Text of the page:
SUP foil safety gear


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Though we’re lucky enough to practice our sport on the most forgiving element there is in the event of a fall, your safety can be jeopardized for lack of proper equipment!

A moment of inattention, a powerful wave or too much confidence can have nasty consequences if you are not properly equipped. Accidents are rare, but they don’t just happen to others… Here’s how to prevent them.

Gear in good condition

Ensuring your safety in the water starts with being able to rely on your gear. You shouldn’t get in the water with gear that shows signs of weakness. It would be a bold gamble on your only means to return to the beach safely. An old leash that lets you down and you could be engaged in a long and exhausting paddling effort. If the conditions are on your side, it’s usually no problem, but bad luck has this annoying tendency to pile up… You can be sure that the day you break your leash, the wind will be blowing offshore with an unfavorable current. That’s the Murphy Law for you. So always check your equipment and if in doubt, replace or repair when possible.


Your equipment should also protect your physical integrity. At high speeds water isn’t that indulgent element anymore. A high-speed fall on the ribs, for example, can leave you with a painful souvenir of your session. In addition, you do not always have the chance to fall on the water, you can get hit by the gear. For these reasons, we strongly recommend:

  • wearing a helmet.
  • wearing an impact vest.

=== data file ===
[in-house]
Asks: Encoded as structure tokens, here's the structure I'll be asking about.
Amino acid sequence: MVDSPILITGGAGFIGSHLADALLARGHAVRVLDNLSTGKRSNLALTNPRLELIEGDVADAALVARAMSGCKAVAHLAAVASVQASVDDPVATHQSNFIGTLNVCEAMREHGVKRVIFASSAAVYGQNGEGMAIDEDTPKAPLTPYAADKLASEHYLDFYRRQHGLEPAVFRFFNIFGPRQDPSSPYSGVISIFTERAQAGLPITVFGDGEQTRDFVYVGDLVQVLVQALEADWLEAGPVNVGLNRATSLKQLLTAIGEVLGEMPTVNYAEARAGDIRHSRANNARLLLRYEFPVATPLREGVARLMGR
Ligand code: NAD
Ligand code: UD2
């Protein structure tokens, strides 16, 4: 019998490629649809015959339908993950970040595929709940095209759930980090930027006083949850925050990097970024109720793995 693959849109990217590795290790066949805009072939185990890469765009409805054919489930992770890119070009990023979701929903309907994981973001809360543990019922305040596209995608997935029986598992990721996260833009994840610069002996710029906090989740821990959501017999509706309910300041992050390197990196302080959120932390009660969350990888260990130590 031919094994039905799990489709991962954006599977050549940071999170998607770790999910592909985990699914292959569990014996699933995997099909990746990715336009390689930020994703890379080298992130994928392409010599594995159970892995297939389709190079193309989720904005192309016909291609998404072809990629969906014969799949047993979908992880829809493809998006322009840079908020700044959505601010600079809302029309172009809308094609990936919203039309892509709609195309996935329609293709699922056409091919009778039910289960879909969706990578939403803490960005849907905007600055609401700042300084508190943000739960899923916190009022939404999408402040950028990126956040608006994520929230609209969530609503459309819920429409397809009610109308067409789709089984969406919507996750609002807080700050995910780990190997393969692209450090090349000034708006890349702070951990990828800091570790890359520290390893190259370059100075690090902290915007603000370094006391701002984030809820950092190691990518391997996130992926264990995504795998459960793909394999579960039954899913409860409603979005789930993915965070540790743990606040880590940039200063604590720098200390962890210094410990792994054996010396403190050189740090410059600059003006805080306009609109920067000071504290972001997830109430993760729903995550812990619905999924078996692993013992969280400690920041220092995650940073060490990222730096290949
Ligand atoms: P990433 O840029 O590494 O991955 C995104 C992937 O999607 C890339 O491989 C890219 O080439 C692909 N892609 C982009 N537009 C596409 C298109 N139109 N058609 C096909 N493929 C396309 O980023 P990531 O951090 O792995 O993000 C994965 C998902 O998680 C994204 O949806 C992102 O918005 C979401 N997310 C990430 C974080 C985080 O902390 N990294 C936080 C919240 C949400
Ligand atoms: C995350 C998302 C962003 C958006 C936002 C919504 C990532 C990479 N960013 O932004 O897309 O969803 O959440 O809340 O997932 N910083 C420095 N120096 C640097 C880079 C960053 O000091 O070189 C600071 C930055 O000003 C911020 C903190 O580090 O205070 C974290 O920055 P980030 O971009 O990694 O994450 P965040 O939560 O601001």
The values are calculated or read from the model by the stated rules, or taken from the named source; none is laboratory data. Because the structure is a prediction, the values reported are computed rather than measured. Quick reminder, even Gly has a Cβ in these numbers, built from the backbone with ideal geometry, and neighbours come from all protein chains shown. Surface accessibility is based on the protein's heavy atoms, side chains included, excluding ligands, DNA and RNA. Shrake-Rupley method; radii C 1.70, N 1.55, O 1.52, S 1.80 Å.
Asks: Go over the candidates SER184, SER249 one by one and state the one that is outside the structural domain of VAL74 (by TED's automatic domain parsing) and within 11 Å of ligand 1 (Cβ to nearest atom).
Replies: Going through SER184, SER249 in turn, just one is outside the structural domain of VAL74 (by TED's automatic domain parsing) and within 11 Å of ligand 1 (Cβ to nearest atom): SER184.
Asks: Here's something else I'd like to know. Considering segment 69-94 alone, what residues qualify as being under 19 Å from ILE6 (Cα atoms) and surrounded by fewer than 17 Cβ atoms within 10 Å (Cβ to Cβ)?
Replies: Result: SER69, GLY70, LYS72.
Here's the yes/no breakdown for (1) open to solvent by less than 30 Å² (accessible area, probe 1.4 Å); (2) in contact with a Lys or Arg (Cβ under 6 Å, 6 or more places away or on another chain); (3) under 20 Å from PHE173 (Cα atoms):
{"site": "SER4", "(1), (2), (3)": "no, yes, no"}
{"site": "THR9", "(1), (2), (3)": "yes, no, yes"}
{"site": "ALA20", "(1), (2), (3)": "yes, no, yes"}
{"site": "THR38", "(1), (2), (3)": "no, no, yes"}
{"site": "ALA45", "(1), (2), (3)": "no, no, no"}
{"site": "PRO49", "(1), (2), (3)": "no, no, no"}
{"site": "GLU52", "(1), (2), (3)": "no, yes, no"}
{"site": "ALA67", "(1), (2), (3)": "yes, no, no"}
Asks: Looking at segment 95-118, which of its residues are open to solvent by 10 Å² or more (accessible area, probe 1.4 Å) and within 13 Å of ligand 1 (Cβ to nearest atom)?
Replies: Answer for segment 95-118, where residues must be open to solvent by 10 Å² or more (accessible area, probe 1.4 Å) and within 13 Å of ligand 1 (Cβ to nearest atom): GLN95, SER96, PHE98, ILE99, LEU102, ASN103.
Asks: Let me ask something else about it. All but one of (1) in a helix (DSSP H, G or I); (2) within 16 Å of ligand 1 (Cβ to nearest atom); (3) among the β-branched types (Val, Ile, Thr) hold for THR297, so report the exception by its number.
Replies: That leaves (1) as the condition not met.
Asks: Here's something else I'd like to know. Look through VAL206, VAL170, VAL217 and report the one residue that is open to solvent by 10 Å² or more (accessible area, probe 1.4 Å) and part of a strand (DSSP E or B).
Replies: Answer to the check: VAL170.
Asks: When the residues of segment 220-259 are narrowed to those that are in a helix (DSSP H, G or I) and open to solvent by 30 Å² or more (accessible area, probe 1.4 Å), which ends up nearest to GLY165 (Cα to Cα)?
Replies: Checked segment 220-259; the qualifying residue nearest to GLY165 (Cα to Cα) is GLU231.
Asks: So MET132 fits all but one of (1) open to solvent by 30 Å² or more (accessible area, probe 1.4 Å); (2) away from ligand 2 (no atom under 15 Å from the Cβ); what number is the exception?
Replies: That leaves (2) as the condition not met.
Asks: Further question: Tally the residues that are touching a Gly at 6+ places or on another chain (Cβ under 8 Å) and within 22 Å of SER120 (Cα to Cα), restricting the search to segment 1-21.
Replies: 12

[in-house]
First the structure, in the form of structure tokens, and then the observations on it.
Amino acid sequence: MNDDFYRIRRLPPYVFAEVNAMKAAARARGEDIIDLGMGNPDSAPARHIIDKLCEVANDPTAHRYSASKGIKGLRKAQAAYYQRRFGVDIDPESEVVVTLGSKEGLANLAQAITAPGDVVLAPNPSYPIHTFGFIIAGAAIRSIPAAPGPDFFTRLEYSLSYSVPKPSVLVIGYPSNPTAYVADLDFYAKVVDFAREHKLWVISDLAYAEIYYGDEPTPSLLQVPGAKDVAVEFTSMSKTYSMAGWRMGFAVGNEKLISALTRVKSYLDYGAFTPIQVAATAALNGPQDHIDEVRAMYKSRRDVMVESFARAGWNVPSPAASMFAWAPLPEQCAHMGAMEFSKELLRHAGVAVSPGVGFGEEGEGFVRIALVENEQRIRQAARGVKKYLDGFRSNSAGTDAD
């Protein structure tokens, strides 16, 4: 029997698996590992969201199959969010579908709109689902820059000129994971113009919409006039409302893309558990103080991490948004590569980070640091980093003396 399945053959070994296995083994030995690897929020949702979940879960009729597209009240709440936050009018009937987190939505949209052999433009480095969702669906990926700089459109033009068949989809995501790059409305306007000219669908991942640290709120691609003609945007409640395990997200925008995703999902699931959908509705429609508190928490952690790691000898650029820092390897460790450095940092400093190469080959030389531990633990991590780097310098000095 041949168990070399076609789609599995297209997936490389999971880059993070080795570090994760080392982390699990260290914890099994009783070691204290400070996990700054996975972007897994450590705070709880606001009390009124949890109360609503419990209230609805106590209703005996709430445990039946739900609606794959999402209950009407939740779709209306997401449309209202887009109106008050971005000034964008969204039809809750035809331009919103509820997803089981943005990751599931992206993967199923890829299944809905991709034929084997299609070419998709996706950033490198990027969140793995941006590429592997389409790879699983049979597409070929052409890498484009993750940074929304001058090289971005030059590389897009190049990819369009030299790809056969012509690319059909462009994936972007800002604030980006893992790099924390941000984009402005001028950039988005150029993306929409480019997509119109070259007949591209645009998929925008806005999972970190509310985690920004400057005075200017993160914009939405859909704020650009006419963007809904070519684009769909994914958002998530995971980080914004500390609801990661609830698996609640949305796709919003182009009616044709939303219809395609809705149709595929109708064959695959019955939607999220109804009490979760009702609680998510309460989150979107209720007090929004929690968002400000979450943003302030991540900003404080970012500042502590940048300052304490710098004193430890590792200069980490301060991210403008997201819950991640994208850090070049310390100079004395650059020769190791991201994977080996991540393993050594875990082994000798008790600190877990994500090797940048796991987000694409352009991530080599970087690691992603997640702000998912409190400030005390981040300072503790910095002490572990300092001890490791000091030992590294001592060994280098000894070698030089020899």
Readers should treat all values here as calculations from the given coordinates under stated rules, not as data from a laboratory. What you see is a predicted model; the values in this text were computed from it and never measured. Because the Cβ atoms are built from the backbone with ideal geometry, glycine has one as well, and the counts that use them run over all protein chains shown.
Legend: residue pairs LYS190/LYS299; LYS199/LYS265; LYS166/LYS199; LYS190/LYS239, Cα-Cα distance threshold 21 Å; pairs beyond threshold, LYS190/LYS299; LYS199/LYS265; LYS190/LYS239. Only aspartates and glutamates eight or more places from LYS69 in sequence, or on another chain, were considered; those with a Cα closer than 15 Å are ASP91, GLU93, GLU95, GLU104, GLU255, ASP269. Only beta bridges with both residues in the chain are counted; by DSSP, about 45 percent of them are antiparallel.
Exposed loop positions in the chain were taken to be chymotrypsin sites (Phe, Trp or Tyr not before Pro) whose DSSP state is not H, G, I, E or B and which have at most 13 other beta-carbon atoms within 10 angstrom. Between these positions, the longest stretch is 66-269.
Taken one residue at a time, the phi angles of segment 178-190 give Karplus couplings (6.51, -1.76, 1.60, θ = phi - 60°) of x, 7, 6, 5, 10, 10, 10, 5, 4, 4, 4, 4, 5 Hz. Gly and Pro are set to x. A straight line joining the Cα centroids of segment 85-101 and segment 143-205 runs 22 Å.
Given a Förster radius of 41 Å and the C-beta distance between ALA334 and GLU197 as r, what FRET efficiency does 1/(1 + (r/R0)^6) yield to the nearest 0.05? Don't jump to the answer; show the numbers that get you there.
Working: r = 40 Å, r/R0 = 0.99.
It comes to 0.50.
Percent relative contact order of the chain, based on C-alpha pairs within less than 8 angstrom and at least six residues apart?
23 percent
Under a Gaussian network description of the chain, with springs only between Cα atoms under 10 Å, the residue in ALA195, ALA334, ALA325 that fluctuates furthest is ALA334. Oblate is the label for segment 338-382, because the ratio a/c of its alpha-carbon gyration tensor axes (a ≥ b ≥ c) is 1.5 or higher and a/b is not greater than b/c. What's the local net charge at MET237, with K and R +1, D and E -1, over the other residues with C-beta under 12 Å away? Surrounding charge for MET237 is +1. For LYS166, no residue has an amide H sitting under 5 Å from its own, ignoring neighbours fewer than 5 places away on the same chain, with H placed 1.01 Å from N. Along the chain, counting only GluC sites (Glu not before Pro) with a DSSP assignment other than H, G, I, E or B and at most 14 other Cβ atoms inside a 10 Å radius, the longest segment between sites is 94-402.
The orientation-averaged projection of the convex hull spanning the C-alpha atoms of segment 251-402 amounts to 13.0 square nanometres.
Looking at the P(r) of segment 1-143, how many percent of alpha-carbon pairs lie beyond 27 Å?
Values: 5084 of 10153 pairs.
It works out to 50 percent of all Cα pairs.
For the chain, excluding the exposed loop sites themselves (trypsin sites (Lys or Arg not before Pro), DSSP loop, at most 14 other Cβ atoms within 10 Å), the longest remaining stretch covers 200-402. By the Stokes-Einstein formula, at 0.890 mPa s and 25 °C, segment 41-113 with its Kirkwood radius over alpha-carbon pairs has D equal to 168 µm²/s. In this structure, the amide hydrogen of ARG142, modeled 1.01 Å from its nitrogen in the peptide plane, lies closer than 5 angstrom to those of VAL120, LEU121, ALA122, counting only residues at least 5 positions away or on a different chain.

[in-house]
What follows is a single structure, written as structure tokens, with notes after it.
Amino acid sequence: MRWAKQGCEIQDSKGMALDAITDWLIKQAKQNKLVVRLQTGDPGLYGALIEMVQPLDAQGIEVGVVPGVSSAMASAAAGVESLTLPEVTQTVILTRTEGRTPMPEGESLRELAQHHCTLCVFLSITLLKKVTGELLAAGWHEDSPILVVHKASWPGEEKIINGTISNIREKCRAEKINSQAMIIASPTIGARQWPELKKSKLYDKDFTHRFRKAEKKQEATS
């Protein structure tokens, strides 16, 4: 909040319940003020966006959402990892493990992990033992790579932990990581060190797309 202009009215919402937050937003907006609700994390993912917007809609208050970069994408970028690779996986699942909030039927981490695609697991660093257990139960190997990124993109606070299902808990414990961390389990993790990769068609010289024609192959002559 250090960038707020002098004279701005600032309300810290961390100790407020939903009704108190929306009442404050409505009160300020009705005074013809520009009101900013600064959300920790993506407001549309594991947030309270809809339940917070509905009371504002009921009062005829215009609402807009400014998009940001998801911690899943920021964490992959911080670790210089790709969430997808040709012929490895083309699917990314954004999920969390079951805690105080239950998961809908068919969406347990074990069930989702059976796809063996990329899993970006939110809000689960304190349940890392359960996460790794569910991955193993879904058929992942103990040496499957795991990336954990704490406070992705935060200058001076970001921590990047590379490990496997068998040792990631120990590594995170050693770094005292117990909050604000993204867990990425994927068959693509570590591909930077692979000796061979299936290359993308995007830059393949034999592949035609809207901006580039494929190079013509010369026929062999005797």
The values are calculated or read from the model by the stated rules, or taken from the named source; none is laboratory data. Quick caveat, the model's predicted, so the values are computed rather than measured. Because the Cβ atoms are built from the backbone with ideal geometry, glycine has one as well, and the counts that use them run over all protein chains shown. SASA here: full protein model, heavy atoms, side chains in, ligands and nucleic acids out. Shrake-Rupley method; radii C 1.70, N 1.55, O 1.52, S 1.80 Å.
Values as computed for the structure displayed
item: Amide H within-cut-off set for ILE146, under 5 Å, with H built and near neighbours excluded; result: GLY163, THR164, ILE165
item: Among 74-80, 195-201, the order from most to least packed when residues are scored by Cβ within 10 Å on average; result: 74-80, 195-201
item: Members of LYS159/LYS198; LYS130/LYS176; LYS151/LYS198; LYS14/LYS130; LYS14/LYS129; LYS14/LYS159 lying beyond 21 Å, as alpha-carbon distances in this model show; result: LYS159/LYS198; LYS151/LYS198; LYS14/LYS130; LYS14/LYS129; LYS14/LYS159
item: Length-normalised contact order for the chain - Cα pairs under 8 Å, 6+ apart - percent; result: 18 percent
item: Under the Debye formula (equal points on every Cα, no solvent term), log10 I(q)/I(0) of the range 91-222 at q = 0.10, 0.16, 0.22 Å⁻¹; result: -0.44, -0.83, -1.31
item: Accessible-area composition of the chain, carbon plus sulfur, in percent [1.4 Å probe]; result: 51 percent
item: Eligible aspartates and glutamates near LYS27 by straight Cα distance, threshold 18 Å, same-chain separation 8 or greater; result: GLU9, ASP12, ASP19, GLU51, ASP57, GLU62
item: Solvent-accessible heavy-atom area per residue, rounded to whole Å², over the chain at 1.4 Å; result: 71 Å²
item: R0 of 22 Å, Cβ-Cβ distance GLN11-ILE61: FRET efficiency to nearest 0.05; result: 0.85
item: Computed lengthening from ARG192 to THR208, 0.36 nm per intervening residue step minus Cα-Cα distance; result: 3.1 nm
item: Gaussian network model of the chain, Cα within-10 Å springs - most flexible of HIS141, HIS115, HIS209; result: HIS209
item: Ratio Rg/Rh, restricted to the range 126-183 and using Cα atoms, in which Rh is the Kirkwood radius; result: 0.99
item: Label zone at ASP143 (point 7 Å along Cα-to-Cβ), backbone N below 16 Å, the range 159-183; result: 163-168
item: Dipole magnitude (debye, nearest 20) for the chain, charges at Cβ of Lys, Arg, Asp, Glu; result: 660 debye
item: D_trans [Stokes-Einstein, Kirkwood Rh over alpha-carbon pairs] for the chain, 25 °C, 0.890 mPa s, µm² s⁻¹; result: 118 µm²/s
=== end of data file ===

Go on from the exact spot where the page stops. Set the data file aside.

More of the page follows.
Falls are not a matter of level. Whether you have a nasty fall doing a take off or a backflip, the result is still a nasty fall. Being a beginner doesn’t spare you from things going violently wrong, neither does being experienced. Nasty falls are only a matter of time.

A wetsuit adapted to the conditions

Your safety also involves a neoprene wetsuit which not only ensures your thermal comfort during the session but also safety in case things go wrong. If you are adrift due to fatigue or breakage, your wetsuit is your life insurance until the wind, your strength or help returns. Moreover, it is absolutely necessary to avoid sailing alone in order to be able to ask for help if a situation goes wrong.

Stay connected to your gear

It is essential to stay connected to your gear using a leash for your board. You’ll be feeling very lonely if you lose one of these elements offshore. Good luck swimming after a board pushed by a strong wind… here is how to equip yourself.

For the board you have SEVERAL OPTIONS :

  • A shortboard-type ankle leash, an easy solution if you already have one for surfing.
  • A coiled ankle leash that doesn’t overload the deck and does not drag in the water when flying.

We recommend replacing your leashes once a year or as soon as a cut mark appears on them. An investment that seems reasonable to us considering the potential consequences of a leash that lets you down.